Opioid antagonists are drugs that bind to these same receptor sites and block the effects of opioids. For example, a drug like Suboxone® is both an agonist and antagonist that relieves opioid withdrawal symptoms while protecting against further opioid use.
The medications systematically assist in breaking the chain of dependence on prescription pain killers and other opioids such as heroin. The euphoric effects of these drugs are less than with full opioids, and the habit-forming potential is lower. Therefore, it is much easier to stop taking these medications than other full opioids.
Many Suboxone detoxification programs are recognized as painless and proactive. Confidentiality is a high priority for people seeking drug and alcohol detoxification in a dignified and private manner. Successful use of Suboxone for detox and withdrawal on both male and female opiate users includes management of eleven bodily systems, including; immune, cardiovascular, digestive, nervous, respiratory, skeletal, endocrine, muscular, integumentary, reproductive, and excretory.
These benefits are often the difference between success and failure. That’s why it’s a part of our opiate detox programs at all of our addiction recovery centers.
Medication-Assisted Detox: is not a treatment by itself. Instead, its primary purpose is to alleviate the uncomfortable effects of withdrawals and cravings to opioids while you re-learn how to live without them. For the greatest long-term benefit and to prevent relapse, this form of medication assisted treatment (MAT) should always be part of a comprehensive program that also includes education, counseling, and intervention therapies.
Utilizing a medication management approach, only 11% of Soft Landing Recovery patients experience relapse. Suboxone®, Subutex®, and Zubsolv® are all buprenorphine-based medications, which is a partial opioid with a much better safety profile than other opioids. It is usually administered as a once or twice daily dose by placing under the tongue or as prescribed by our physicians. Suboxone® is in the form of a film strip and Subutex® and Zubsolv® are in tablet form.
Some physicians recommend that Suboxone only be used for short-term treatment. The reason behind this recommendation is due to the fact that prolonged use of Suboxone leads to physical dependency to Buprenorphine HCl. This can lead to a more difficult detox procedure if ever that person needed to stop.
Suboxone is up to 40 times stronger than morphine. The half-life of Suboxone is 37 hours. Suboxone’s powerful effects and its long half-life make Suboxone addiction one of the most difficult opioid detoxifications.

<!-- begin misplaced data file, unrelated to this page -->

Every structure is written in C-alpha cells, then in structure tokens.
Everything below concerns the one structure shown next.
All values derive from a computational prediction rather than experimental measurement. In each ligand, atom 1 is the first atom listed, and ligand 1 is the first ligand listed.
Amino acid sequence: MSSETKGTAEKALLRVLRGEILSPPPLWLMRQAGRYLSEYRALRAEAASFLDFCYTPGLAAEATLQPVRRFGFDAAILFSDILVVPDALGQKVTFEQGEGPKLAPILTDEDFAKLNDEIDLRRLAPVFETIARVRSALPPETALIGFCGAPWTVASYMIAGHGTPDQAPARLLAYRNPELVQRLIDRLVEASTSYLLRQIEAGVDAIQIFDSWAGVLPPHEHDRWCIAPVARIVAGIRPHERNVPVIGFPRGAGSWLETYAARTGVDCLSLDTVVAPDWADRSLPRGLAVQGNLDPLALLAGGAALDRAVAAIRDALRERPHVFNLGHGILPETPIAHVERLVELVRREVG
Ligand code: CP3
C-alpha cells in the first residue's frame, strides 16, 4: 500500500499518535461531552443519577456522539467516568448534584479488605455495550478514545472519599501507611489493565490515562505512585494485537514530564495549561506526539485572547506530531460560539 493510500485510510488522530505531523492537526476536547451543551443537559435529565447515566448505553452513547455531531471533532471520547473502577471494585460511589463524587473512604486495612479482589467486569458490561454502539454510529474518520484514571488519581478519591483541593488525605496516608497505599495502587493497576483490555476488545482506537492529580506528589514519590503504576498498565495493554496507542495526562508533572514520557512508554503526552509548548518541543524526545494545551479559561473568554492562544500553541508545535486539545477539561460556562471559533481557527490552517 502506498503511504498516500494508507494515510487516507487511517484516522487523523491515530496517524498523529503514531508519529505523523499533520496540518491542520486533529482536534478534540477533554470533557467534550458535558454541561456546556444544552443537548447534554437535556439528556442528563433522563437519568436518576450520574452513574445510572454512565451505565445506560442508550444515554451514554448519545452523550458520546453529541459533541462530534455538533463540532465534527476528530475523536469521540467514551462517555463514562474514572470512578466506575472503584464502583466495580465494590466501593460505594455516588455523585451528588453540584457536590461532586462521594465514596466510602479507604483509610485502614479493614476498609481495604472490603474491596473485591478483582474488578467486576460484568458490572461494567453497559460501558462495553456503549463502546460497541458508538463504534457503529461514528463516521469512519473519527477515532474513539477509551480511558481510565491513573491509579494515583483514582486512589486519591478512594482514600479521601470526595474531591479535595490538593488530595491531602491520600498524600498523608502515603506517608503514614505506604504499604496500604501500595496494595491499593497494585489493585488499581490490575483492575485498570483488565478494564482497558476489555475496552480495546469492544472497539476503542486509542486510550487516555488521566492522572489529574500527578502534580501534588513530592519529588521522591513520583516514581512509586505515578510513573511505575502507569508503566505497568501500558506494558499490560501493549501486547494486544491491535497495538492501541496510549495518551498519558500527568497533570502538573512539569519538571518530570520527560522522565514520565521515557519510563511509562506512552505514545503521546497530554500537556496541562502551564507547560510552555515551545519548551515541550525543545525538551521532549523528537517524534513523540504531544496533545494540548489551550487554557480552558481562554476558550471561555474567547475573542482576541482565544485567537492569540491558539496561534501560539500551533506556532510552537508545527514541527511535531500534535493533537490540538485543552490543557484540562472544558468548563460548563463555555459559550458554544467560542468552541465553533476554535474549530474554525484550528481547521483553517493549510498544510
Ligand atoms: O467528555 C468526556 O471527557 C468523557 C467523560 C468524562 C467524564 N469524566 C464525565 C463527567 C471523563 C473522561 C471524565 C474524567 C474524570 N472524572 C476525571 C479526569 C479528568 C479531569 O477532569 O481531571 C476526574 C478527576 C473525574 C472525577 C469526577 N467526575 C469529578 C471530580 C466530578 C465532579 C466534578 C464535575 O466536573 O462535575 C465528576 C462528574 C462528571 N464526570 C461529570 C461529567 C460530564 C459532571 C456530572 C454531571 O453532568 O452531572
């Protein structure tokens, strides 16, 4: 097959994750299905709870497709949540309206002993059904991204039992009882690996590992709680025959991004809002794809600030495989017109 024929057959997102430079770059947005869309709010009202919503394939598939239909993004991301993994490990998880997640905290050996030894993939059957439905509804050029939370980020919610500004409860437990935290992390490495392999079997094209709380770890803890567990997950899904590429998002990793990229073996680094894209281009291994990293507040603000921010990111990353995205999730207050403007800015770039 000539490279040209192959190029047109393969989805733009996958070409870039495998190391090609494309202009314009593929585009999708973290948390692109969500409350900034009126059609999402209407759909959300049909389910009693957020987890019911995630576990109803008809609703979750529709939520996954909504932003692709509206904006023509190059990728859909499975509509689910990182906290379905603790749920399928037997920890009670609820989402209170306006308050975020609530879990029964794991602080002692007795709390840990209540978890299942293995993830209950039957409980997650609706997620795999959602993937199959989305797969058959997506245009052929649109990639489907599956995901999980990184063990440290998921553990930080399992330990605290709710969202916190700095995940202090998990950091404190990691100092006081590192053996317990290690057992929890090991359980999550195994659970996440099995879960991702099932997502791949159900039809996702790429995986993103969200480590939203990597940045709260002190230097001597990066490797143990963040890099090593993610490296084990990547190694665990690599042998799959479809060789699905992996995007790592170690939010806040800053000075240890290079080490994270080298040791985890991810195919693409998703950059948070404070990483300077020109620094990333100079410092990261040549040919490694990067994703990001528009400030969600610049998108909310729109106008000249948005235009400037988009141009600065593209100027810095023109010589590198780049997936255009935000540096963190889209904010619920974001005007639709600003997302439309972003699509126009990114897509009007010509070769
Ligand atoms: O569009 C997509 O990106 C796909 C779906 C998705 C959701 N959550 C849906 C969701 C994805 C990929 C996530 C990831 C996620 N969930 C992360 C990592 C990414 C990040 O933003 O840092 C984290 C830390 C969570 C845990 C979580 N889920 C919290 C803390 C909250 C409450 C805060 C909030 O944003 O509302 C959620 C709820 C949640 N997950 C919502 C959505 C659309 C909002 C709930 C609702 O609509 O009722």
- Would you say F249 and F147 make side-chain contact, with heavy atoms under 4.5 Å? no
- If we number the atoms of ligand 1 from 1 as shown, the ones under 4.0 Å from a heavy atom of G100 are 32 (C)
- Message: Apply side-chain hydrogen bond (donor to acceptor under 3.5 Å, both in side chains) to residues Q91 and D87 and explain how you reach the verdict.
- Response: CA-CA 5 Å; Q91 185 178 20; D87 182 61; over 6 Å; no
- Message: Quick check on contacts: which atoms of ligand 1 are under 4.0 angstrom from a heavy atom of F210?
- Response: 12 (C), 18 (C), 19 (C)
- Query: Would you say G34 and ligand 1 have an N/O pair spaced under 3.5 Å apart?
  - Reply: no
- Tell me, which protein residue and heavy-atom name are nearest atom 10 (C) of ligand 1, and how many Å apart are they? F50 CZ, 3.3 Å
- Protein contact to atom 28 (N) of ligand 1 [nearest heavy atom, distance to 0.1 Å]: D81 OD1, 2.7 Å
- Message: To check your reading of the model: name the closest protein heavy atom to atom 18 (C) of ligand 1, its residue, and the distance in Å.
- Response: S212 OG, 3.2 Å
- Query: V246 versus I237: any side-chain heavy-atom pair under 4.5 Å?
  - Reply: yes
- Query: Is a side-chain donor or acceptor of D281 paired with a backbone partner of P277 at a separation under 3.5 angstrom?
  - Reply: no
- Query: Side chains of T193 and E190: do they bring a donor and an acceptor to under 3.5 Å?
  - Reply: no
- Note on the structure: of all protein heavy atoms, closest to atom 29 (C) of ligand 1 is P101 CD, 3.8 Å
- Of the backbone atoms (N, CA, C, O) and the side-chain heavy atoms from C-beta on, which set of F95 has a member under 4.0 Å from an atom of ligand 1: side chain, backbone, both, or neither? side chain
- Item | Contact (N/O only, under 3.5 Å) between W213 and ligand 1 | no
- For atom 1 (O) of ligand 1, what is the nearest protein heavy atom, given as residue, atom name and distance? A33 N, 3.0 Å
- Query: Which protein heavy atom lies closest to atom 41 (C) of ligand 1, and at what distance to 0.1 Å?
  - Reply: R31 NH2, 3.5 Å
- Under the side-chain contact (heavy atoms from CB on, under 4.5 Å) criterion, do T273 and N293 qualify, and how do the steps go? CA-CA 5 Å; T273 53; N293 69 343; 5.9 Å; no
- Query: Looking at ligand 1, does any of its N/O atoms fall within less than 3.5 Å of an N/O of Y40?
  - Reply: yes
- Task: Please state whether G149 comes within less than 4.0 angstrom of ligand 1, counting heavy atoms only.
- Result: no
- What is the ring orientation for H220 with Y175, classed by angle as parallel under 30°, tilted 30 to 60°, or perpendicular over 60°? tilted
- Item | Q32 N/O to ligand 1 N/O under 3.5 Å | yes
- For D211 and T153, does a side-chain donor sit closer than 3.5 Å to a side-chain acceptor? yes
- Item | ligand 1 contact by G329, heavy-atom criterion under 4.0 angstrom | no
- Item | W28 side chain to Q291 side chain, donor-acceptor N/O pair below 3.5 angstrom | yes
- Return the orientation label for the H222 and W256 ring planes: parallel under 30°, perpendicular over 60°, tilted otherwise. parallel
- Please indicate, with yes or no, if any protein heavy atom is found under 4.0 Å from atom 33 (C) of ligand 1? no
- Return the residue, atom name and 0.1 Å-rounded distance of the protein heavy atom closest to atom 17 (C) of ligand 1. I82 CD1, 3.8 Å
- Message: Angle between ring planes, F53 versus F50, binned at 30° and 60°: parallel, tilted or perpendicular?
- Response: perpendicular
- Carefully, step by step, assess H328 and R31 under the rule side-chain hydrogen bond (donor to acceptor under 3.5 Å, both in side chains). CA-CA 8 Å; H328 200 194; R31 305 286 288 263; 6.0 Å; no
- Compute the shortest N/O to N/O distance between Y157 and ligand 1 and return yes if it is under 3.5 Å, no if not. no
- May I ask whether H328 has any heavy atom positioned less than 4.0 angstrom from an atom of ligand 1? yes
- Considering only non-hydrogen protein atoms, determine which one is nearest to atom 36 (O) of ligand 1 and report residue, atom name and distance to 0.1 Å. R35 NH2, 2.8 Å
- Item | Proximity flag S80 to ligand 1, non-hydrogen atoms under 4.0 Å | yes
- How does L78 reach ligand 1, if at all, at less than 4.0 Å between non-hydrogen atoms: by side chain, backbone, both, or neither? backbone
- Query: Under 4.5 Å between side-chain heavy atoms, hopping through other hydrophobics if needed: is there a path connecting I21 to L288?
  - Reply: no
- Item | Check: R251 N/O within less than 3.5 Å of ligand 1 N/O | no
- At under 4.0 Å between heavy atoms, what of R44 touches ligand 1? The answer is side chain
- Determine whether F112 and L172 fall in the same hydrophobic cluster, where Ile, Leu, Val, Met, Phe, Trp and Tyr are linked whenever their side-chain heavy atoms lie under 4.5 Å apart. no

Suboxone (Buprenorphine) will not typically show up in a urine test used to detect Methadone, Oxycodone, Heroin and other opioids. However, it will appear in 12-Panel test targeting Suboxone or Methadone. SO, Suboxone will register on most probation screenings. So, if this is the case, you should declare this to your probation officer prior to taking any tests. You are in fact doing a good thing.
Buprenorphine levels will fall below fifty percent after 37 hours of abstinence. As a result, it can take up to 8 days to fully exit your system. But this of course depends on body size/weight, health and dosage prior to stopping.
Suboxone Treatment Programs with the highest client satisfaction use a system of detox that incorporates:
Subutex and Suboxone are often used in unison. Subutex is usually prescribed initially to minimize the risk of inducing opiate withdrawals. Once the risk of initiating opiate withdrawal syndrome subsides; the opiate treatment plans change, and Suboxone replaces Subutex.
Suboxone Detoxification: The Suboxone detoxification program is divided into three distinct phases:
In short, precipitated withdrawal is a very quick and intense onset of opiate withdrawal symptoms. It’s like quitting opiates but jumping from day one withdrawal to day four withdrawal, really bad. It is relatively uncommon but bad enough that it should be avoided. The precipitated withdrawal with Buprenorphine happens because of it’s high binding strength to opiate receptors, so basically the Buprenorphine pushes out the opiates in your brain and fills the opiate receptors with Buprenorphine (in Suboxone) so it’s almost like jumping from no withdrawal to day four withdrawal intensity — and can even be dangerous. Buprenorphine is strong stuff– it beats the crap out of opiates and displaces the opiates from your opiate receptors taking you to hell in a hurry.
Well to be honest, if you are affected by precipitated withdrawal, you are going to feel rapid onset of opiate withdrawal symptoms, much faster than cold turkey, and no this will not reduce the “detox” time. Common sense would say, take some opiates, the Suboxone isn’t working, but taking opiates once precipitated withdrawal has occurred would not be helpful because your receptors are blocked by the Buprenorpine which has a much stronger “hold” on the receptors than opiates rendering the opiates nearly useless. The best advice I can give if this happens is go to the hospital and explain what happened, they can give you medicine to reverse the situation and make you feel better.
Avoiding Suboxone Precipitated Withdrawal:
You need to restrict intake of opiates for a period of time before taking Suboxone, basically, you should be in some form of withdrawal. If you are not in some pain you are risking precipitated withdrawals.